Lindsay '06 to discuss evangelicals and the American elite, March 4
Location:Robertson Hall Bowl 016
Audience:Open to the Public
D. Michael Lindsay '06, an assistant professor of Sociology at Rice University, will present a public talk at the Woodrow Wilson School titled, "Faith in the Halls of Power: How Evangelicals Joined the American Elite," at 4:30 p.m. on Tuesday, March 4, in Bowl 016, Robertson Hall, on the Princeton University campus.
Michael Lindsay is a sociologist who specializes in issues surrounding leadership, religion, and culture. The author of several books, scholarly articles and research reports, Lindsay has recently completed the nation’s largest and most comprehensive study of public leaders who are people of faith.
In 2006 he joined the faculty of Rice University, where is also assistant director of the Center on Race, Religion, and Urban Life. Previously, he was the Harold W. Dodds Fellow and a National Science Foundation Gradate Fellow in the department of sociology at Princeton University. He also served as the consultant for religion and culture at The George H. Gallup International Institute. Lindsay’s work has garnered multiple awards, including top honors from two international scholarly societies.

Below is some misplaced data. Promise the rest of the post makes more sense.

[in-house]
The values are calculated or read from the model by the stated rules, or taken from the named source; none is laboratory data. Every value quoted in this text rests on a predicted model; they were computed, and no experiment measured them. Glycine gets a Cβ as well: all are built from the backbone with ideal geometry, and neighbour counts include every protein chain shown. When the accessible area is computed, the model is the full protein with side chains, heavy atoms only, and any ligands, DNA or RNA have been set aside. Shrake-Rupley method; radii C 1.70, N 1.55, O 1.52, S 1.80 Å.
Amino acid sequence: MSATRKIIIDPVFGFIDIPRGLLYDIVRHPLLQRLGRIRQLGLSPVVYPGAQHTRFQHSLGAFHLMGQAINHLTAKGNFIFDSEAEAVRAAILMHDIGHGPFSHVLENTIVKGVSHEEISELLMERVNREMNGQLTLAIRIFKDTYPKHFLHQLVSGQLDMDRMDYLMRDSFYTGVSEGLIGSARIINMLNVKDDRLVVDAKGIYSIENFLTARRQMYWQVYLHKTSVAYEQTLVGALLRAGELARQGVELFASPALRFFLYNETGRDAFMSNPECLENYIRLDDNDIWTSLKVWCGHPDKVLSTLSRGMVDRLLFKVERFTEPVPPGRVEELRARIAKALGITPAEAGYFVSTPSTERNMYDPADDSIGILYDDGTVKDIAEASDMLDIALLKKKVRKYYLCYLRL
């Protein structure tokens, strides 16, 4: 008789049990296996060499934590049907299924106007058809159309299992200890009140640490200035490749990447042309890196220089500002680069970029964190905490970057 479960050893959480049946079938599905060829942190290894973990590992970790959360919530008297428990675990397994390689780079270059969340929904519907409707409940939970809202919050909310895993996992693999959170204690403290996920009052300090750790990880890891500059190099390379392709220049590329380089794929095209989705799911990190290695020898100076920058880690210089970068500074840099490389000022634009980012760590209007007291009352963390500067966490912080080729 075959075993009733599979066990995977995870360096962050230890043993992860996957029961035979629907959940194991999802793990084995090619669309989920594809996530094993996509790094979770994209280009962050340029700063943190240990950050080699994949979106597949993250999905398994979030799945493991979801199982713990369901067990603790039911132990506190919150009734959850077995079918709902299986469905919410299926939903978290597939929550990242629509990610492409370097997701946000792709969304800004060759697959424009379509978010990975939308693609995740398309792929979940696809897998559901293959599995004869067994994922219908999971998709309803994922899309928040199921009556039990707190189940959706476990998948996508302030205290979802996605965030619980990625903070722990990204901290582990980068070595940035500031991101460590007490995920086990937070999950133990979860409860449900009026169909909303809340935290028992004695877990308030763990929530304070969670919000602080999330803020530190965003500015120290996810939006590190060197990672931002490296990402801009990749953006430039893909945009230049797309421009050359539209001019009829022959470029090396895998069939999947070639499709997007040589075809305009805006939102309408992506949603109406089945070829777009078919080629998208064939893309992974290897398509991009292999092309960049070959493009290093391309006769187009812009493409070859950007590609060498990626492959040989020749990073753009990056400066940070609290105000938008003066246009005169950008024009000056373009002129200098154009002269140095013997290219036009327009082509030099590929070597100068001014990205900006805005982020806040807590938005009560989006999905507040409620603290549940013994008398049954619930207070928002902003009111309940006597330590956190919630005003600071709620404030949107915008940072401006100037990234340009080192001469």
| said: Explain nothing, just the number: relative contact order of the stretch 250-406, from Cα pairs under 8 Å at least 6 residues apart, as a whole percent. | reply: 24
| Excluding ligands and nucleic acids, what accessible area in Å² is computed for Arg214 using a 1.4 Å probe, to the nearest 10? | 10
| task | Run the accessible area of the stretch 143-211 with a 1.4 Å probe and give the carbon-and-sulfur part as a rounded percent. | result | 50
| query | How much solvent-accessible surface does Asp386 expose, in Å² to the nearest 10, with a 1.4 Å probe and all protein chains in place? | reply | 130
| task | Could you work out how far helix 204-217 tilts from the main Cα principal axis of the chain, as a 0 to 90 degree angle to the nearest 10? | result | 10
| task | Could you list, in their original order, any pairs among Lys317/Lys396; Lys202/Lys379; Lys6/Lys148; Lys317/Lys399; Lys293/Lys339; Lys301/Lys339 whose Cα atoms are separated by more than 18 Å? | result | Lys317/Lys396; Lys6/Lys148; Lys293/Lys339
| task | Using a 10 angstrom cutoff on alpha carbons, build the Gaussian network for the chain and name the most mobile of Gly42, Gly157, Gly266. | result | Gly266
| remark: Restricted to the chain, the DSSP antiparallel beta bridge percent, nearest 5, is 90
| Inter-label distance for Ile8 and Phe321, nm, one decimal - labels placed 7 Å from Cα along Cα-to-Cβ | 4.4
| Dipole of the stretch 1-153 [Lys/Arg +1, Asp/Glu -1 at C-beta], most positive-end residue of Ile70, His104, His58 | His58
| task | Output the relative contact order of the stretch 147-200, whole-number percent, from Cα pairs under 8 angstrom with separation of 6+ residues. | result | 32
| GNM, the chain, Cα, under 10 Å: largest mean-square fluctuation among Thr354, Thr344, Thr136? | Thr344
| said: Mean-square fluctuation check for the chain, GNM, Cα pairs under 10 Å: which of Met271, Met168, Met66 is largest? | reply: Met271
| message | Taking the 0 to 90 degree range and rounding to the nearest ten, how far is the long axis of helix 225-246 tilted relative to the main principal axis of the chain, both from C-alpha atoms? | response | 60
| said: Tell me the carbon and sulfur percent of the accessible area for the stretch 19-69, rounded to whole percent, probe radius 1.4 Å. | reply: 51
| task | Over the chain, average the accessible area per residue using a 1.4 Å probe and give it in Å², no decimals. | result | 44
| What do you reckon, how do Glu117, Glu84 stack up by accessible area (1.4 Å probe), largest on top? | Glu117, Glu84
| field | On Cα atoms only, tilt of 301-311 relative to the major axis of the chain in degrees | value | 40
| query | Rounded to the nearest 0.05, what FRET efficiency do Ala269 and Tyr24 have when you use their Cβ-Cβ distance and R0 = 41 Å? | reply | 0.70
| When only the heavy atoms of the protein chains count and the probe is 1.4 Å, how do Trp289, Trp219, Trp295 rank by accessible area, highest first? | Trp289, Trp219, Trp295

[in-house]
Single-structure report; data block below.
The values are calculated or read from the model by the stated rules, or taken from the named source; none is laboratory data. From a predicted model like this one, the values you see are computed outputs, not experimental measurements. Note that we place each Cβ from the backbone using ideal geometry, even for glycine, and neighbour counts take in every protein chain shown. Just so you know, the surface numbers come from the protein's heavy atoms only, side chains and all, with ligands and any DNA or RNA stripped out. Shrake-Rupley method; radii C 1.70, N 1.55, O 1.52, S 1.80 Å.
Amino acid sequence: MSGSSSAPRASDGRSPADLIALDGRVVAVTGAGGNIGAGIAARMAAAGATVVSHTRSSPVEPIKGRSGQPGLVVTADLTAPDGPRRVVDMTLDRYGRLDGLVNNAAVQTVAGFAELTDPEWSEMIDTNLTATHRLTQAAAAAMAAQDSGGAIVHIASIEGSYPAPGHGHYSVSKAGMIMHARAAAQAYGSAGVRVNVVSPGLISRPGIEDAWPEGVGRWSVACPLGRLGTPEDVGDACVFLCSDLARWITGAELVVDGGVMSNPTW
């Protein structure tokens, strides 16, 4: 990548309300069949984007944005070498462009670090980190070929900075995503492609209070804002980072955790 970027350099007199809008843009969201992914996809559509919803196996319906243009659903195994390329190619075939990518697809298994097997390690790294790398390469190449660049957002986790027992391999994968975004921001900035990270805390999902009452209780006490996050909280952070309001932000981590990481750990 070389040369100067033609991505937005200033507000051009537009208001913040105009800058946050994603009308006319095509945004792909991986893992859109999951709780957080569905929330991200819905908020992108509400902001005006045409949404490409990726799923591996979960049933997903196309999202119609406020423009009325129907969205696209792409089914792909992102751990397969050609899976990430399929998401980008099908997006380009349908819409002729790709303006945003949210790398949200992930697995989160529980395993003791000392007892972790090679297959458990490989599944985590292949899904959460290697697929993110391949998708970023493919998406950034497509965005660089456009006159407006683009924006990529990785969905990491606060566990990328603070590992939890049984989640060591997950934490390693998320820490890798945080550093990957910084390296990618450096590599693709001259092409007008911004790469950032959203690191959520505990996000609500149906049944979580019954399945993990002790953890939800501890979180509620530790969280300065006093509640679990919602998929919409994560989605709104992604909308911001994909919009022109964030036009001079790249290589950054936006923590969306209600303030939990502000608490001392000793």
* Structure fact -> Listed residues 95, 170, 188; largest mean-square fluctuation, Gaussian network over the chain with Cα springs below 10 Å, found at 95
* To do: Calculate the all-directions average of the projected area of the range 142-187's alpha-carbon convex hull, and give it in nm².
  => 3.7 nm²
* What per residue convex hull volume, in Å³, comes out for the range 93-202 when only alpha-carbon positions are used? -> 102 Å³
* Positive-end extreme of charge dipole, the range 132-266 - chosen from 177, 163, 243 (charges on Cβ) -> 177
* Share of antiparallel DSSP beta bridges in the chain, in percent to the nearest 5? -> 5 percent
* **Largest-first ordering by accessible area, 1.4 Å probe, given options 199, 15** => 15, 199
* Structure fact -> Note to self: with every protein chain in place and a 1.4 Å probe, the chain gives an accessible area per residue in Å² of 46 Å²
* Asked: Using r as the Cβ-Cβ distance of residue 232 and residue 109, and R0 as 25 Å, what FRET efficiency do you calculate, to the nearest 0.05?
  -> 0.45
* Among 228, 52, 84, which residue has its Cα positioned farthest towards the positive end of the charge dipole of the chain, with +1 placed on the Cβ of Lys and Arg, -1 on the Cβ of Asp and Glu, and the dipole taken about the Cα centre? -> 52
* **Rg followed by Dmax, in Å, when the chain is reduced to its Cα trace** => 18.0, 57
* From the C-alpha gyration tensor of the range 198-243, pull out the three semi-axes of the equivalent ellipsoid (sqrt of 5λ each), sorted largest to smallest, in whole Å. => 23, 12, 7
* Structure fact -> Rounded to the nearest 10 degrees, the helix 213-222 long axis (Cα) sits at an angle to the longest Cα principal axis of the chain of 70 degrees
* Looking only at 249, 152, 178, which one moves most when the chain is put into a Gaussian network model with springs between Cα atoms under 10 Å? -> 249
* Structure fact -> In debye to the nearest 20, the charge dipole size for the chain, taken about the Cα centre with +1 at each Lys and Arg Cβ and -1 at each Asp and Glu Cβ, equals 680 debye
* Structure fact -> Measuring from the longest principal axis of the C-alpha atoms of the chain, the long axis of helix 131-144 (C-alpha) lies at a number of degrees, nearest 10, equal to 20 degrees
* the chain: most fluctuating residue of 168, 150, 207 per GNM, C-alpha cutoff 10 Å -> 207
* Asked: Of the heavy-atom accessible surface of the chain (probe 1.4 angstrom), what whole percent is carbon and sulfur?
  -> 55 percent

His most recent book is Faith in the Halls of Power: How Evangelicals Joined the American Elite (New York: Oxford University Press, 2007). In the book, Lindsay discusses how Evangelicals, once at the periphery of American life, now wield power in the White House and on Wall Street, at Harvard and in Hollywood. The author draws on personal interviews with an array of prominent Americans--including two former Presidents, dozens of political and government leaders, more than 100 top business executives, plus Hollywood moguls, intellectuals, athletes, and other powerful figures—and shows first-hand how they are bringing their vision of moral leadership into the public square.
This event is cosponsored with the Woodrow Wilson School of Public and International Affairs and the Center for the Study for Religion. It is part of the ongoing “Crossroads of Religion and Politics” series and is free and open to the public.